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University Library, University of Illinois at Urbana-Champaign

Research Posters

Poster sessions at conferences and professional meetings are a way to visually convey the details of your research or conclusions. This guide will offer you the basics in design, content and printing resources.


Including visualizations can help your poster stand out and help others understand your research. There are lots of ways to include visualizations on your poster - graphs, charts, photographs, as well as many others. 

First, be sure to check out this concise guide on legally using images and/or this guide from our library on finding images

Other Visualization Resources:

  1. Here is a chart of lots of different types of visualization strategies: A Periodic Table of Visualizations
  2. The Data Visualization Catalog also shows types of visualization, including what kind of data works best with each type of viz.
  3. 50 Great Examples of Data Visualization
  4. Flowing data: Data visualization, infographics, and statistics
  5. Gallery of data visualization
  6. Data visualization: Modern approaches - Smashing Magazine
  7. Observable has a library of D3 graphics which can be forked and used with your project data. Full of ideas even if you don't copy their templates.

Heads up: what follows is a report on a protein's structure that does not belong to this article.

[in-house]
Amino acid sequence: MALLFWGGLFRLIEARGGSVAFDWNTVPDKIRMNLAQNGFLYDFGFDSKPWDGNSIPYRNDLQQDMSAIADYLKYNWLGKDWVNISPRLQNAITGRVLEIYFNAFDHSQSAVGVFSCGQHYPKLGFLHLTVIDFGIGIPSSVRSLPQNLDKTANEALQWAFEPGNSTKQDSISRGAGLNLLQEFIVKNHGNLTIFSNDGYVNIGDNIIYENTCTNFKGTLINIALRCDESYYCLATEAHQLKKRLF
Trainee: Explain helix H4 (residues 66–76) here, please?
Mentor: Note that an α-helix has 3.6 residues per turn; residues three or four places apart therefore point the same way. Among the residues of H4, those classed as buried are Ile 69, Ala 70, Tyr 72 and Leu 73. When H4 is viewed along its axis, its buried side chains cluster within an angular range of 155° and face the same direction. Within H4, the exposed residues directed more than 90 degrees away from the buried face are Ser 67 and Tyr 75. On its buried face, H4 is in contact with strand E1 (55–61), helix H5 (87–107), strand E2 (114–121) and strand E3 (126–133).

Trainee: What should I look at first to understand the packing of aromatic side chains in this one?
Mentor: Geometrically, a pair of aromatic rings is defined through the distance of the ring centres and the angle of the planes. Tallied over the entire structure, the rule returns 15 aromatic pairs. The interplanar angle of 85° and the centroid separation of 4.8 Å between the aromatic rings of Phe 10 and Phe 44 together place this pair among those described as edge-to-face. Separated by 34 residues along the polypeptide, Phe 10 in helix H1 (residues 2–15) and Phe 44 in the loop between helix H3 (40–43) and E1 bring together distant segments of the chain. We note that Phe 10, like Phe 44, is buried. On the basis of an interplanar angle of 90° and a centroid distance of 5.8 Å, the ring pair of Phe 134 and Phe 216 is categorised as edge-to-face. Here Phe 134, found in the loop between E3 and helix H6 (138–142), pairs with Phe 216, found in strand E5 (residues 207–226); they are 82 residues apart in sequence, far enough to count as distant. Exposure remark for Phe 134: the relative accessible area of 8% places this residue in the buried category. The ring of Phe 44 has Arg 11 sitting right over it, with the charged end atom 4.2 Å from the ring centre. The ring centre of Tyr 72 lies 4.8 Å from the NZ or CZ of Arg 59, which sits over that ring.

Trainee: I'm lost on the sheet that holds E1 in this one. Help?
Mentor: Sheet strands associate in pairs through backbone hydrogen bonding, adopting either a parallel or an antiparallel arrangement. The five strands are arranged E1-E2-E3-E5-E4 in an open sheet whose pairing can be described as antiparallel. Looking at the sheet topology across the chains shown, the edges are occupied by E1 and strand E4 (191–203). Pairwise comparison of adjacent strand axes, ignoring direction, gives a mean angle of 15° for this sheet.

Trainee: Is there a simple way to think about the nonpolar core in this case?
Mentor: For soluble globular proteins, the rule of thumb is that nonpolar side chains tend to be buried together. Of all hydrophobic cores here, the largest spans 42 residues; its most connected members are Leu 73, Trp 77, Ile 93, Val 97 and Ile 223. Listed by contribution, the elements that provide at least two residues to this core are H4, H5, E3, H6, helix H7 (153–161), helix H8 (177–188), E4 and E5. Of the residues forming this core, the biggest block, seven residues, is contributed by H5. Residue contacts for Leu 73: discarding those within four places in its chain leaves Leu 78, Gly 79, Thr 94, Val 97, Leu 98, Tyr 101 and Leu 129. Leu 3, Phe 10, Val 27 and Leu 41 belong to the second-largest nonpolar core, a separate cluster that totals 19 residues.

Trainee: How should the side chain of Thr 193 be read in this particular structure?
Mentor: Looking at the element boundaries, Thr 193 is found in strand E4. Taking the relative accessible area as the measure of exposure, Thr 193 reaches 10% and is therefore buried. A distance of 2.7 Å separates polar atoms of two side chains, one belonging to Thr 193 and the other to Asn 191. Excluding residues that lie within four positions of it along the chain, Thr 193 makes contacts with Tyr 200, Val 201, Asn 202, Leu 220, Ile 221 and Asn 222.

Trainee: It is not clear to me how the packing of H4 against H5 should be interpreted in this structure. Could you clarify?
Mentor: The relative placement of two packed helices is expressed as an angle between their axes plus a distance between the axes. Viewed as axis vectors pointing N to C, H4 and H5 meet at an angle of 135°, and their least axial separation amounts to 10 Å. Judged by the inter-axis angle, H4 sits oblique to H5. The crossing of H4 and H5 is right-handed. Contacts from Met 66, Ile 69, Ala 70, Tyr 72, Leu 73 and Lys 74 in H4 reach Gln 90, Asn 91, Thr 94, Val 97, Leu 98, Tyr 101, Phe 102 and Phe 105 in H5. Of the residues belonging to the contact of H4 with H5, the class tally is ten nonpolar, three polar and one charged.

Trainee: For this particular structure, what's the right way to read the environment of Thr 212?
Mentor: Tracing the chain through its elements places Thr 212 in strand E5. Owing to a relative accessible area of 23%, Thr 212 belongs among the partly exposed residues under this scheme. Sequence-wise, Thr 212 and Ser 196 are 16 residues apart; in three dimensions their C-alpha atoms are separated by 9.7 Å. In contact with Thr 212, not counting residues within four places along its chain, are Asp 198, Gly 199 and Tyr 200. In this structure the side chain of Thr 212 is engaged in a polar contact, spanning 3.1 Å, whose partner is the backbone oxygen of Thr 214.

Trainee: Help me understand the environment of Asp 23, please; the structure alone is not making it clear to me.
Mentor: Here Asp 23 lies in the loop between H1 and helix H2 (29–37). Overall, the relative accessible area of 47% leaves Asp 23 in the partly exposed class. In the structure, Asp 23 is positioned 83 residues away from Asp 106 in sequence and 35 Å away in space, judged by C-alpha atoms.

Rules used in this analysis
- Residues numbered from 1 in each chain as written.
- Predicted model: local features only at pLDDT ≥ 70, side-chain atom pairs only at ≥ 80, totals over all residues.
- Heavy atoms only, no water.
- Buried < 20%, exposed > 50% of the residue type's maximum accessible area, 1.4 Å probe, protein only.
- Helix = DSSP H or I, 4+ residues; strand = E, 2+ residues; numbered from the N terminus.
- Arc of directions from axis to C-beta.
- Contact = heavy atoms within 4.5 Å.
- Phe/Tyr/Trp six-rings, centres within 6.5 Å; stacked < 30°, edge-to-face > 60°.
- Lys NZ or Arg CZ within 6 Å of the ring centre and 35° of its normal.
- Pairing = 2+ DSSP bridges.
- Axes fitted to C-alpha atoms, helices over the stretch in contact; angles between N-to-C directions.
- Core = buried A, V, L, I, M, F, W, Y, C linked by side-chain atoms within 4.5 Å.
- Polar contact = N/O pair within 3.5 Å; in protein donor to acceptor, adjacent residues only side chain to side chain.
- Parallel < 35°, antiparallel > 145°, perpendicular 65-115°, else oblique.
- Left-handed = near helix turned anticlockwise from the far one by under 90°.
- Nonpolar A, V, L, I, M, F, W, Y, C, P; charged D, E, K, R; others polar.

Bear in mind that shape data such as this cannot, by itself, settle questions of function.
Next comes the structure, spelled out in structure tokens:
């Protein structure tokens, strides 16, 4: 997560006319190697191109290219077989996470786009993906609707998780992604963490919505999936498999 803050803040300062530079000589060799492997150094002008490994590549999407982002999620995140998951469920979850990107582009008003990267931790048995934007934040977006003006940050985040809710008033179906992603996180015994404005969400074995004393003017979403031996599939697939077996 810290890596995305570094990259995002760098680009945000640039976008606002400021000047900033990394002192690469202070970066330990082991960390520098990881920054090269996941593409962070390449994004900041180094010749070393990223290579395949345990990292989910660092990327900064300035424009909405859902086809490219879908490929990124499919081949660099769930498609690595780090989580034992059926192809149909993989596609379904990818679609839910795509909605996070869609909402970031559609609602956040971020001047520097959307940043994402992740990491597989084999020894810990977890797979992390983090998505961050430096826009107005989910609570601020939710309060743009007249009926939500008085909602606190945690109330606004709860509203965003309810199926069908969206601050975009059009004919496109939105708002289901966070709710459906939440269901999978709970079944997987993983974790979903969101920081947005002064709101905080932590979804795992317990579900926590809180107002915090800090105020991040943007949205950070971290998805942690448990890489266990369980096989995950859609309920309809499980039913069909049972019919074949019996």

8. Tableau Public is another free data visualization software.
  9. You could also create a tag cloud of your interview data:

I used to create this tag cloud, then I took a screen shot of the image to put on this guide for you. 


  • Make sure that you don’t increase the photo from the original size. If you copy and paste the image and it’s too small, enlarging it will only pixilate your photo and it will not print properly on the final poster.
  • If you are attending a national conference, it is essential that you identify yourself as an affiliate of Illinois If you’d like to use Illinois graphics, they can be found on the Brand Guidelines, or you can find a few in the Illinois logo section of this guide. 
  • Many images on the web are protected under copyright and should not be used on a poster. You can legally use photos in four ways:
    1. Find photos that are licensed as Creative Commons (flickr),
    2. Ask permission from the photographer 
    3. Buy your photos from a stock photo site (e.g. iStock)
    4. Take your own photos
  • Photos as background images rarely look good. The image tends to overpower the text and make the poster hard to read. (If you must, you can fade out your image by using image editing software.) Instead, try using a background color or boxes to set off your text and images.